photos: Gerasimos Domenikos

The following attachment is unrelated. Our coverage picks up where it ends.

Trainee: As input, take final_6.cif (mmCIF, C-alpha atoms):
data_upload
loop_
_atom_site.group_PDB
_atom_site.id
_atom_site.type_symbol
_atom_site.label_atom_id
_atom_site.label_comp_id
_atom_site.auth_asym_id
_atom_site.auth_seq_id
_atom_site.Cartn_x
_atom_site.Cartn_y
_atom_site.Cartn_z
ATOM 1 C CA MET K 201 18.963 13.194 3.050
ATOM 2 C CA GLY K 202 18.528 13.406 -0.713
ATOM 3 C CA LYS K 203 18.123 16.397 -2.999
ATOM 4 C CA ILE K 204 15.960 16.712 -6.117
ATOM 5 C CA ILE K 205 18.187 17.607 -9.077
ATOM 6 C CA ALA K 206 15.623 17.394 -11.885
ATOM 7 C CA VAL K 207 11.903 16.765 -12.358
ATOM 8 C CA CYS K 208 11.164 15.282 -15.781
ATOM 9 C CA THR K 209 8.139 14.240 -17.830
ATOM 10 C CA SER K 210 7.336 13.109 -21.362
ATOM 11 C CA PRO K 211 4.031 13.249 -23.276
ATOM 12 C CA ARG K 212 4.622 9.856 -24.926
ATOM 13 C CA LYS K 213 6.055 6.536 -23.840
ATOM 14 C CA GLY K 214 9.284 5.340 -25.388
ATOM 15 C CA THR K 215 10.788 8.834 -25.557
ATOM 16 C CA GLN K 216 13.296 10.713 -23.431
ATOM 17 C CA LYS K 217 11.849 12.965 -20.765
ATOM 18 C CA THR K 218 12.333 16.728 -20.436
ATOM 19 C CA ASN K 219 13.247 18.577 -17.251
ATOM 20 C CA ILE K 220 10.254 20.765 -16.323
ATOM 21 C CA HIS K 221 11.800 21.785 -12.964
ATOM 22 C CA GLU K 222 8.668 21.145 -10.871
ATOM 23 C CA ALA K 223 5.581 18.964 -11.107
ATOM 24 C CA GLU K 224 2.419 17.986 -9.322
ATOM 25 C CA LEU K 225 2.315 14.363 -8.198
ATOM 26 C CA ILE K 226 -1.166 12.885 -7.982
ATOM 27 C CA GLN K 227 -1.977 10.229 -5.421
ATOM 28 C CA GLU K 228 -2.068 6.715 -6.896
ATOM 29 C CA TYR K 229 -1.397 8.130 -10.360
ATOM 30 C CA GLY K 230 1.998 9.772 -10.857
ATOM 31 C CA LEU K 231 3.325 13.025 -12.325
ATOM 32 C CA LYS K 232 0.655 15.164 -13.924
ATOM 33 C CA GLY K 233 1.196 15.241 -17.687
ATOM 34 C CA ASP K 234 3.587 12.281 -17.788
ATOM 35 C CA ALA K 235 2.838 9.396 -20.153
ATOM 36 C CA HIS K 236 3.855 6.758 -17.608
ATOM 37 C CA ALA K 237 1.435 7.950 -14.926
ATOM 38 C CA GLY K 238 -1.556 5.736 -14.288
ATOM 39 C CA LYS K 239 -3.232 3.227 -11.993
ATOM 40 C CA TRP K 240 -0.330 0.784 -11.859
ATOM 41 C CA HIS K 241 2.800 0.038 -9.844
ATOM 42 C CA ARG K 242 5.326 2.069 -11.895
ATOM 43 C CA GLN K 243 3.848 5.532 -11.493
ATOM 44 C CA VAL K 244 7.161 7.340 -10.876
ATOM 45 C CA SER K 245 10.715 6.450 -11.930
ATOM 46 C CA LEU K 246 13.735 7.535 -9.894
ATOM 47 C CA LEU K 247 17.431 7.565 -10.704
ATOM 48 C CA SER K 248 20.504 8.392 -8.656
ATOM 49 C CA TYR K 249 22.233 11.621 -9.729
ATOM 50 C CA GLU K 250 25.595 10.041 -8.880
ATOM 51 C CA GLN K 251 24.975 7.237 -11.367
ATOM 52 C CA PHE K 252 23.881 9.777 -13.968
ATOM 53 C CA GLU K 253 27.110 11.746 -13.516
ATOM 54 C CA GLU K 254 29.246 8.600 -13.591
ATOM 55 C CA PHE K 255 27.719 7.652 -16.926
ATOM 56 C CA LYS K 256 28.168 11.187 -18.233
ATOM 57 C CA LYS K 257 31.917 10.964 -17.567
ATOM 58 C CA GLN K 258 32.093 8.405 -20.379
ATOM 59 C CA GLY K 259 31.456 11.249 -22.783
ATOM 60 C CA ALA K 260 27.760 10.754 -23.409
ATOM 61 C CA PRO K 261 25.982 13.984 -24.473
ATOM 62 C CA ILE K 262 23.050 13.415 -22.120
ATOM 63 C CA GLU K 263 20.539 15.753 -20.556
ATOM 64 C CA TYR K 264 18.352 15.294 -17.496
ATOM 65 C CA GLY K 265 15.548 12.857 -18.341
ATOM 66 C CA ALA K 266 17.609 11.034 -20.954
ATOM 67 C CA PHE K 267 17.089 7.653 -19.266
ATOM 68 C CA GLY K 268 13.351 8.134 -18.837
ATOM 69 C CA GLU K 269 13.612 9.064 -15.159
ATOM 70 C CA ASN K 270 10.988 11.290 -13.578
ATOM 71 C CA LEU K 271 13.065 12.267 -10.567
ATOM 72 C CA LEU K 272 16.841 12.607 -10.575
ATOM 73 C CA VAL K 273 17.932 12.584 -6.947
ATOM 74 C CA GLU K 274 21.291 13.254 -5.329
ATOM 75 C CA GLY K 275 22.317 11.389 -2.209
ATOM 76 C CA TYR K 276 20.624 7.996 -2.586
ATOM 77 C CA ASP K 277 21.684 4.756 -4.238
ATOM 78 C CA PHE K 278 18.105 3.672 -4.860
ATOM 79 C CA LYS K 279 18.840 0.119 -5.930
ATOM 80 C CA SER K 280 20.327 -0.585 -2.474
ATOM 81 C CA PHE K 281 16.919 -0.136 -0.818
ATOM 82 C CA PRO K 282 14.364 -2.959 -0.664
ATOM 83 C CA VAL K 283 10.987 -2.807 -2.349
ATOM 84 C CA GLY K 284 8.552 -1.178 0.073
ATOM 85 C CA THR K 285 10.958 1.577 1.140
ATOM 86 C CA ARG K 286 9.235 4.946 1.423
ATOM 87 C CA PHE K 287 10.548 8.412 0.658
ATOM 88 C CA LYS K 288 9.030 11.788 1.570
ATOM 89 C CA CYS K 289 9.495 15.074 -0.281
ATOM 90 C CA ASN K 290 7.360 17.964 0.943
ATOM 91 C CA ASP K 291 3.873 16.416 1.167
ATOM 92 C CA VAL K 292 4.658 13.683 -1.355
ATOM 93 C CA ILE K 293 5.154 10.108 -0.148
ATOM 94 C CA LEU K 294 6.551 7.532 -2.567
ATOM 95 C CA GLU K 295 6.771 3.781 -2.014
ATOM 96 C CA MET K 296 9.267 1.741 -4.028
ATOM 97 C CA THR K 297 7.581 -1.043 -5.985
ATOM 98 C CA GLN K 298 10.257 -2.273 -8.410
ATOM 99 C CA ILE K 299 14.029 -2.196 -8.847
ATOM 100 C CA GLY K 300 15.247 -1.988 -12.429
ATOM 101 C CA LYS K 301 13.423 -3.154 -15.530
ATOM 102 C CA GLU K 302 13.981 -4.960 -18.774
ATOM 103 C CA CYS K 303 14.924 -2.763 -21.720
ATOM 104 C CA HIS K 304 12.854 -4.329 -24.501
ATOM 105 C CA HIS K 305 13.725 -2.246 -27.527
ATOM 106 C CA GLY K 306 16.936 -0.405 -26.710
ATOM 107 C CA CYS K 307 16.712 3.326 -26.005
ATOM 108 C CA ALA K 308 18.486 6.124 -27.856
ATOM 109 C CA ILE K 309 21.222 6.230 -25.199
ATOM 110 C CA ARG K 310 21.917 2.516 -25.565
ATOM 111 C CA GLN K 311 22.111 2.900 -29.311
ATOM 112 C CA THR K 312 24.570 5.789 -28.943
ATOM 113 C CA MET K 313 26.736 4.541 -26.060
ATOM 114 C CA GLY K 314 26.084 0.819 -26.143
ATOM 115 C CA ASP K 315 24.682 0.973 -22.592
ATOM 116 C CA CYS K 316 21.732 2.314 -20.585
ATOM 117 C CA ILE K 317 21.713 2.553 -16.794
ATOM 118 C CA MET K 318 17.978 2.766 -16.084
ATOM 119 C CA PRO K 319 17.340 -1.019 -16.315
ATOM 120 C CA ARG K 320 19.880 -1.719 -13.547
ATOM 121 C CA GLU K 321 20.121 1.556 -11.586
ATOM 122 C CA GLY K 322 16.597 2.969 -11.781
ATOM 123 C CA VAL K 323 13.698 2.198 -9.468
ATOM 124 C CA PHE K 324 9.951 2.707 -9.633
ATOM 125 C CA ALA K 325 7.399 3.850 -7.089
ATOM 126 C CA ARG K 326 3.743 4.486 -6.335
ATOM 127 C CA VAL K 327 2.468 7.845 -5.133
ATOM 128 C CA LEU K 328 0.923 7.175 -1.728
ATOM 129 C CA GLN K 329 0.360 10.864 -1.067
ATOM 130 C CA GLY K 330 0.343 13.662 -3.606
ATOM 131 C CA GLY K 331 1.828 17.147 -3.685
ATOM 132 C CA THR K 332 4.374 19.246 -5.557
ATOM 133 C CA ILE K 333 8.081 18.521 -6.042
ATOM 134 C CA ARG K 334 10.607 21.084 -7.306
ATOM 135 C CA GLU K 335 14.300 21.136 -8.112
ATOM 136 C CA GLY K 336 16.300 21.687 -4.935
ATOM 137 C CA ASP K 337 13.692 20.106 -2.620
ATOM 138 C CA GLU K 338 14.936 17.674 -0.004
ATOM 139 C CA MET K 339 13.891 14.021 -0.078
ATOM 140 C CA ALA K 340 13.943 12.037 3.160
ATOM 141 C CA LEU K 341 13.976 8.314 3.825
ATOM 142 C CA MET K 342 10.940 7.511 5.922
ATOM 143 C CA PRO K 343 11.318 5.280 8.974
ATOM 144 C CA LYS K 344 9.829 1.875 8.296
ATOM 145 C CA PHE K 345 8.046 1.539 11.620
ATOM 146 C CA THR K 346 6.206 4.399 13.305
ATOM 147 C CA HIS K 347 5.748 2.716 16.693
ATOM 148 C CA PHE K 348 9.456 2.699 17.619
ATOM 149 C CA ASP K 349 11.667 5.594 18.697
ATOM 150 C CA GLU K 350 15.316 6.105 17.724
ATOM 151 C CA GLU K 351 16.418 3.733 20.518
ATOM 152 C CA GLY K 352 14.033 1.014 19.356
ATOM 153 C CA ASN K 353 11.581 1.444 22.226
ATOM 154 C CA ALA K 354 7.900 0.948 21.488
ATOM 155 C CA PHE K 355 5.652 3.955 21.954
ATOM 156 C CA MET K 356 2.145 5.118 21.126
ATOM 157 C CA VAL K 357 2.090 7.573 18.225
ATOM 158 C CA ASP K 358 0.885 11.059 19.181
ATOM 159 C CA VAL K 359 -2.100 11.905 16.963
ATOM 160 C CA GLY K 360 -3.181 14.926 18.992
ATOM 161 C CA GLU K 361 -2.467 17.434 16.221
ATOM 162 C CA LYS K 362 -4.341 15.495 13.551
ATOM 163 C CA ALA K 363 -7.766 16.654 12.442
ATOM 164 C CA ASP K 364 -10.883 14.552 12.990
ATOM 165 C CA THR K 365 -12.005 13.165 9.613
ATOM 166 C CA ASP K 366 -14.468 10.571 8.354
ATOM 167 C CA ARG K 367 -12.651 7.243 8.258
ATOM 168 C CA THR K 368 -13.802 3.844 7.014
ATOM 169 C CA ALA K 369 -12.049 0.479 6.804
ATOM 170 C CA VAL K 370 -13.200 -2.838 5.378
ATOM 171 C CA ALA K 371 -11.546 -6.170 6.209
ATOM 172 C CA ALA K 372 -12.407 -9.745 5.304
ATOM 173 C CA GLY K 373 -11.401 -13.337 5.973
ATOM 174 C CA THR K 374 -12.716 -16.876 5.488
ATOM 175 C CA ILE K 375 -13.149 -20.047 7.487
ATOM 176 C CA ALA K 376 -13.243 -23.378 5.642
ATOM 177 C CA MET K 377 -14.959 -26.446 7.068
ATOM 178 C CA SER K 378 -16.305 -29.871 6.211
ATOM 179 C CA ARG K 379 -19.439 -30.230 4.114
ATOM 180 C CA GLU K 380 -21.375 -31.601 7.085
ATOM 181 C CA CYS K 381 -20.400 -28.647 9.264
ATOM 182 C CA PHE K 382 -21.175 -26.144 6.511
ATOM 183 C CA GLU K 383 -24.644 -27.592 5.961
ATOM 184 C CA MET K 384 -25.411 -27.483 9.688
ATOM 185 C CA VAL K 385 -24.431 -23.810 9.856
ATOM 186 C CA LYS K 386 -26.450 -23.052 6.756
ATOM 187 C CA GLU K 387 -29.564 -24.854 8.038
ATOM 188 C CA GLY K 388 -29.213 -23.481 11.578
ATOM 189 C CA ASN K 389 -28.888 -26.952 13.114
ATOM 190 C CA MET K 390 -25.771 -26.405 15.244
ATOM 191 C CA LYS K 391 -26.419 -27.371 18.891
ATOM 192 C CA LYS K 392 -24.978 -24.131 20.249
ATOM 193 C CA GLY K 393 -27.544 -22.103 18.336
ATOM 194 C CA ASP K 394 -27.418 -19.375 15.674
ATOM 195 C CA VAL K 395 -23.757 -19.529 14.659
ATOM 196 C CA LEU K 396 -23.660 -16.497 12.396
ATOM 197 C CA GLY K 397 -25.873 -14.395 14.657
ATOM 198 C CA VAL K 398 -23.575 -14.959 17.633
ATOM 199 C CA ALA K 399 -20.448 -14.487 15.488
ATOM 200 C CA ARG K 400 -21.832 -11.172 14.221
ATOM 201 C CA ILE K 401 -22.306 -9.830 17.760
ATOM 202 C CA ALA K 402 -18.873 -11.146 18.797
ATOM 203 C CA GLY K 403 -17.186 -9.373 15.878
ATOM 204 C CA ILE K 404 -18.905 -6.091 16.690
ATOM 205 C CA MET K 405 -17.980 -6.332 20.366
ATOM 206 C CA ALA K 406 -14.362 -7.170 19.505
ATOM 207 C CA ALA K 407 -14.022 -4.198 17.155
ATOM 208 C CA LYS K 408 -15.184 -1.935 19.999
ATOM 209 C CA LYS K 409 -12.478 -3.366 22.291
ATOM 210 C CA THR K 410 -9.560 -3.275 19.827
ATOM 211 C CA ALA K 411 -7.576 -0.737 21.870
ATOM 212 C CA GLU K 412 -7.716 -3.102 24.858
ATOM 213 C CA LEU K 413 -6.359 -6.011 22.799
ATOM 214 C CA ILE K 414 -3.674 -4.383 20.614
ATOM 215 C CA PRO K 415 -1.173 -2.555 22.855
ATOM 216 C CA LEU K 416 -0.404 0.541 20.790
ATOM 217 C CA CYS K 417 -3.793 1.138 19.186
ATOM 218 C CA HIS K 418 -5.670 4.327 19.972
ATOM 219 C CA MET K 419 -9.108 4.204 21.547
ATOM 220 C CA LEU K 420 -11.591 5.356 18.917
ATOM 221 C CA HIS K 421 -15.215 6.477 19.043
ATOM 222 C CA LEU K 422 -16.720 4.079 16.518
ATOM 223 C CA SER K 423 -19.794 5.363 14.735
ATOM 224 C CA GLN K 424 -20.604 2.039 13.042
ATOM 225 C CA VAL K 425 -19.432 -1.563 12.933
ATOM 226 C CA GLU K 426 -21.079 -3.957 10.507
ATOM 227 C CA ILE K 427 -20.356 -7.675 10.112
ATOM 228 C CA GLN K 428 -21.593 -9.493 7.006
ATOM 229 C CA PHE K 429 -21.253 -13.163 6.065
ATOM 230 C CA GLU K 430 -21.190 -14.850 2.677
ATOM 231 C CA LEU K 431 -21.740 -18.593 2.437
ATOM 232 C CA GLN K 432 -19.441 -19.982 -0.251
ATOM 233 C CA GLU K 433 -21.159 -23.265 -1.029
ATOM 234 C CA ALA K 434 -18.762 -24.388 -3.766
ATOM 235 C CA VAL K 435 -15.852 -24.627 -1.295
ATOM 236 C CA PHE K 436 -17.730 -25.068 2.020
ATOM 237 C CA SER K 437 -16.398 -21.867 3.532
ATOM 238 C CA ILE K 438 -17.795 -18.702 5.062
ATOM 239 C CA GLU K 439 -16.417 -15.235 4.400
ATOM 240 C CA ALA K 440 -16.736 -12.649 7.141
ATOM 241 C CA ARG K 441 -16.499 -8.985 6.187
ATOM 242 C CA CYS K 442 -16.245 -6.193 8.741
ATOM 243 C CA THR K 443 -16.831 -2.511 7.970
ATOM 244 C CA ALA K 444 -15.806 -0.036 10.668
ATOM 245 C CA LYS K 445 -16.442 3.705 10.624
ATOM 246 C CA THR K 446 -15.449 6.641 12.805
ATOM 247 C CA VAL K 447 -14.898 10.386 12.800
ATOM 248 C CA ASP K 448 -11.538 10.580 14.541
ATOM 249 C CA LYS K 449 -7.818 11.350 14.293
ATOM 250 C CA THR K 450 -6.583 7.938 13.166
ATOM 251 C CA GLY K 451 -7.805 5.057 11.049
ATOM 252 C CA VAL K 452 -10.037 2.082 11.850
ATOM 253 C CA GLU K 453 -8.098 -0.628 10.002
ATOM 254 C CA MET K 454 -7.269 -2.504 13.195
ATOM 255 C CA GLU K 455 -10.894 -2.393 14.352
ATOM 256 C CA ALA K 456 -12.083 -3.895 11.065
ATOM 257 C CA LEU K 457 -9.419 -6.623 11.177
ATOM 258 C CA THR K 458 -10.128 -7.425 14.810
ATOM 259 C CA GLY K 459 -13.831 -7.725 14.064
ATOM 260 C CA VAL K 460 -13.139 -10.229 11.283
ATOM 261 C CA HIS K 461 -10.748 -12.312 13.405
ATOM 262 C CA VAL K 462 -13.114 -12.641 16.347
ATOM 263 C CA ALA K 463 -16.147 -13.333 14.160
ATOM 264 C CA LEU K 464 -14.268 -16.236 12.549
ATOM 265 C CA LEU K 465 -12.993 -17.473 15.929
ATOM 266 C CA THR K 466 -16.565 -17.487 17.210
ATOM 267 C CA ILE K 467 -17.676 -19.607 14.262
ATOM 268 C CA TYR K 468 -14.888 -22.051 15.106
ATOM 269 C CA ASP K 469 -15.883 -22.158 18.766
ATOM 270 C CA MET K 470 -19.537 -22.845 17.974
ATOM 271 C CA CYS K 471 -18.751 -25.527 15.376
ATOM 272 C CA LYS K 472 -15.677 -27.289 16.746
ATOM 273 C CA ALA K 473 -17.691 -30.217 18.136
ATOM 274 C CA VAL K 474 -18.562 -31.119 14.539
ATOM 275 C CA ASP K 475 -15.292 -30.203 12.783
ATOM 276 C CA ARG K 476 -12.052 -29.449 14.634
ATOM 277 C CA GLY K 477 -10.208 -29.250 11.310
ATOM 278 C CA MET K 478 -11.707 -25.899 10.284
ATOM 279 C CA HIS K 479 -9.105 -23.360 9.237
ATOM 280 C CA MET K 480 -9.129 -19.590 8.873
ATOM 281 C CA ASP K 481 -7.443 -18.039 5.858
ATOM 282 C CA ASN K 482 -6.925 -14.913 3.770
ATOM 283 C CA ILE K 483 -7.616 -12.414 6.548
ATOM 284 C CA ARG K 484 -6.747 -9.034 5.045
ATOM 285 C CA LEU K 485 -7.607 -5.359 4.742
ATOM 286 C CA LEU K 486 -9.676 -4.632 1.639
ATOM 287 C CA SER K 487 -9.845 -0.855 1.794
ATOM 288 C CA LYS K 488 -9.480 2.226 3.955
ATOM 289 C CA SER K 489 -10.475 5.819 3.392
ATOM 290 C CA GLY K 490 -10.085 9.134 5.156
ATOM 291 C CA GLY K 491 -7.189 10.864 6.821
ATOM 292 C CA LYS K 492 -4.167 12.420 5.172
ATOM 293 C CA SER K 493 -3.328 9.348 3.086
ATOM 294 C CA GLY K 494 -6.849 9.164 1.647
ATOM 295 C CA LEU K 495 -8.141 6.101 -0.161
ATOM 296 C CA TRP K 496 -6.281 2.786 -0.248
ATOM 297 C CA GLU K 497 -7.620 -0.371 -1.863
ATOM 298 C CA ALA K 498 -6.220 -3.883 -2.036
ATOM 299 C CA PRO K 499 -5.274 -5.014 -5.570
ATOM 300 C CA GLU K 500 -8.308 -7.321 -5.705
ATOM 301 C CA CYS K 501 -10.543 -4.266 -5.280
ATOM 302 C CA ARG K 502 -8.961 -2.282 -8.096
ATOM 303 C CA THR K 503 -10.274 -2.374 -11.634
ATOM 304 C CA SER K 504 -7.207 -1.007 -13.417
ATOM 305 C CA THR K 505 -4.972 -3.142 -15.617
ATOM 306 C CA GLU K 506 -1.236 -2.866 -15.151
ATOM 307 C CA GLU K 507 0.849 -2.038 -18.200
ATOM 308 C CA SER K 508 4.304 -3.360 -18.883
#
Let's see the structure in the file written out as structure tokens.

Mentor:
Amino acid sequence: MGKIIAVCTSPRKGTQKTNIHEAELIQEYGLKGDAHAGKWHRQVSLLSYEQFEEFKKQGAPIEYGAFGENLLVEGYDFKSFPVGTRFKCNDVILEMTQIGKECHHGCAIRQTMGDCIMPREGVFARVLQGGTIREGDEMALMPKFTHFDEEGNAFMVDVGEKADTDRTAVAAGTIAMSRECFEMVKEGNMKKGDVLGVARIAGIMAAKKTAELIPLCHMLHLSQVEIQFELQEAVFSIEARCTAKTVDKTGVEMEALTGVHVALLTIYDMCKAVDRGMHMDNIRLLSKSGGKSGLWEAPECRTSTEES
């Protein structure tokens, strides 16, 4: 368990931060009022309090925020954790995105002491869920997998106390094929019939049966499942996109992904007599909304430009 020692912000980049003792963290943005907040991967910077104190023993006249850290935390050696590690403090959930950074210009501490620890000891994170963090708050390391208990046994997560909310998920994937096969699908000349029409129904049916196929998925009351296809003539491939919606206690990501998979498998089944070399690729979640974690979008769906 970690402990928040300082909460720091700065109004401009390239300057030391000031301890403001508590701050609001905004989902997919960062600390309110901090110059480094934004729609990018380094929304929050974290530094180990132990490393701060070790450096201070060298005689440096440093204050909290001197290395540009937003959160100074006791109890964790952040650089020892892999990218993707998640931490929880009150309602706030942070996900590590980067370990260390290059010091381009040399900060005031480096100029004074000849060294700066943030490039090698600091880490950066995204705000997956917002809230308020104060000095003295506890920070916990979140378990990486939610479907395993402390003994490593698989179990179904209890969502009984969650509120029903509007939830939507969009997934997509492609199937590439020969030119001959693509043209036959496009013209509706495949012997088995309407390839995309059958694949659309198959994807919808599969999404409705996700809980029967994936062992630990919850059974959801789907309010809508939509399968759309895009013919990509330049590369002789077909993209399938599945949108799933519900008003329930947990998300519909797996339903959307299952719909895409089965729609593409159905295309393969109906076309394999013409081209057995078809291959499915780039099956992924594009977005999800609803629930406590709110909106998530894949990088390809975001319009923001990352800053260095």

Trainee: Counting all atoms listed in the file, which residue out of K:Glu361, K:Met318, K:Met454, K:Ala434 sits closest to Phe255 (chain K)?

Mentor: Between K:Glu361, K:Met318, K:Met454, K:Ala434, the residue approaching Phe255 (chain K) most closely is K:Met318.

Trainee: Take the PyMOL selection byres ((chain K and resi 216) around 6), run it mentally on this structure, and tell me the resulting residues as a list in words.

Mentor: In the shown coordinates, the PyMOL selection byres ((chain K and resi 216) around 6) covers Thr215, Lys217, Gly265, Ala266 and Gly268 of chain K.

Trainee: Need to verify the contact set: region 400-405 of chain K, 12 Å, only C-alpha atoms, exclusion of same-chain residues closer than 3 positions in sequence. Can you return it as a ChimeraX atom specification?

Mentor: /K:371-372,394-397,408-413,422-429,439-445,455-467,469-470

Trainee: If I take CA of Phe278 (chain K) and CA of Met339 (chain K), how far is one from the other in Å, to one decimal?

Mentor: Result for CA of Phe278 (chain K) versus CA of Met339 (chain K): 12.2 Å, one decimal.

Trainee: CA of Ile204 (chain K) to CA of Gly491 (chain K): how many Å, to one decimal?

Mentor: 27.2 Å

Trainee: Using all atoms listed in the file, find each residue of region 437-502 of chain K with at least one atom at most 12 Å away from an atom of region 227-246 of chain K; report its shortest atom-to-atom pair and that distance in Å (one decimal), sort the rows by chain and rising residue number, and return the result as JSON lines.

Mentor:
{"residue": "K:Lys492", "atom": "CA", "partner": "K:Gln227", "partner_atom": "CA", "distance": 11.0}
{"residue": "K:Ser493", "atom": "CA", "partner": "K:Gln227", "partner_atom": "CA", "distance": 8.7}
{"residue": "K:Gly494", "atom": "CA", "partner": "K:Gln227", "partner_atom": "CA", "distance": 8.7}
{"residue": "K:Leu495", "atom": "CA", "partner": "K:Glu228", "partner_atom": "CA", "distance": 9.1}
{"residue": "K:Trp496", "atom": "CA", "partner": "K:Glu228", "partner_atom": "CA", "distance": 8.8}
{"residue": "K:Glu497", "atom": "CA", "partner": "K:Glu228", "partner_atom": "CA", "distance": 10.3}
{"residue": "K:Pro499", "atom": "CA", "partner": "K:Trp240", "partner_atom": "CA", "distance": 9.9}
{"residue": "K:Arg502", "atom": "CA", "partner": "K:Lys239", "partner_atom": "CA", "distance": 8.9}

One wintery evening, in an old warehouse in the village of Kala Nera, at Mt.Pelion, Thessaly region, Greece, local people gathered around tables loaded with traditional dishes, to participate in an authentic happening, a spontaneous expression of folk tradition. Distillation and preparation of homemade spirit called tsipouro. Cauldrons boiled over bonfires, steamed appetizers served and traditional hornpipes, drums and clarinets accompanied the dancers of the evening. The celebration started. The hot drink (40 degrees of alcohol) ran drop by drop from the funnel. The first distillation of tsipouro began. Tsipouro is colorless, traditional, distilled spirit produced mainly in mainland Greece, at the regions of Thessaly, Epirus, Macedonia and in the island of Crete (there called greek raki), from remains of pressed grapes (in greek: strafyla or tsipoura) after extraction of the grape must. This usually happens with two distillations, so it is better the quality of the final essence. The beginning is lost in the mists of time, but it is said that the first ones produced tsipouro were orthodox monks on Mount Athos. From there it spread to viticulturists in poorer regions of the mountainous Greece, giving them the ability to create a homemade, alcoholic drink with remnants of the grapes used to produce the-most-expensive wine. Thus Tsipouro was born and passed through the centuries in greek, popular tradition as the good spirit in the festive, family table offering its guests warmth in body and spirit and releasing all benevolent mood for feasting and dancing. A slight escape in the anxieties of everyday life, a genuine reunion with the roots of the ancestors.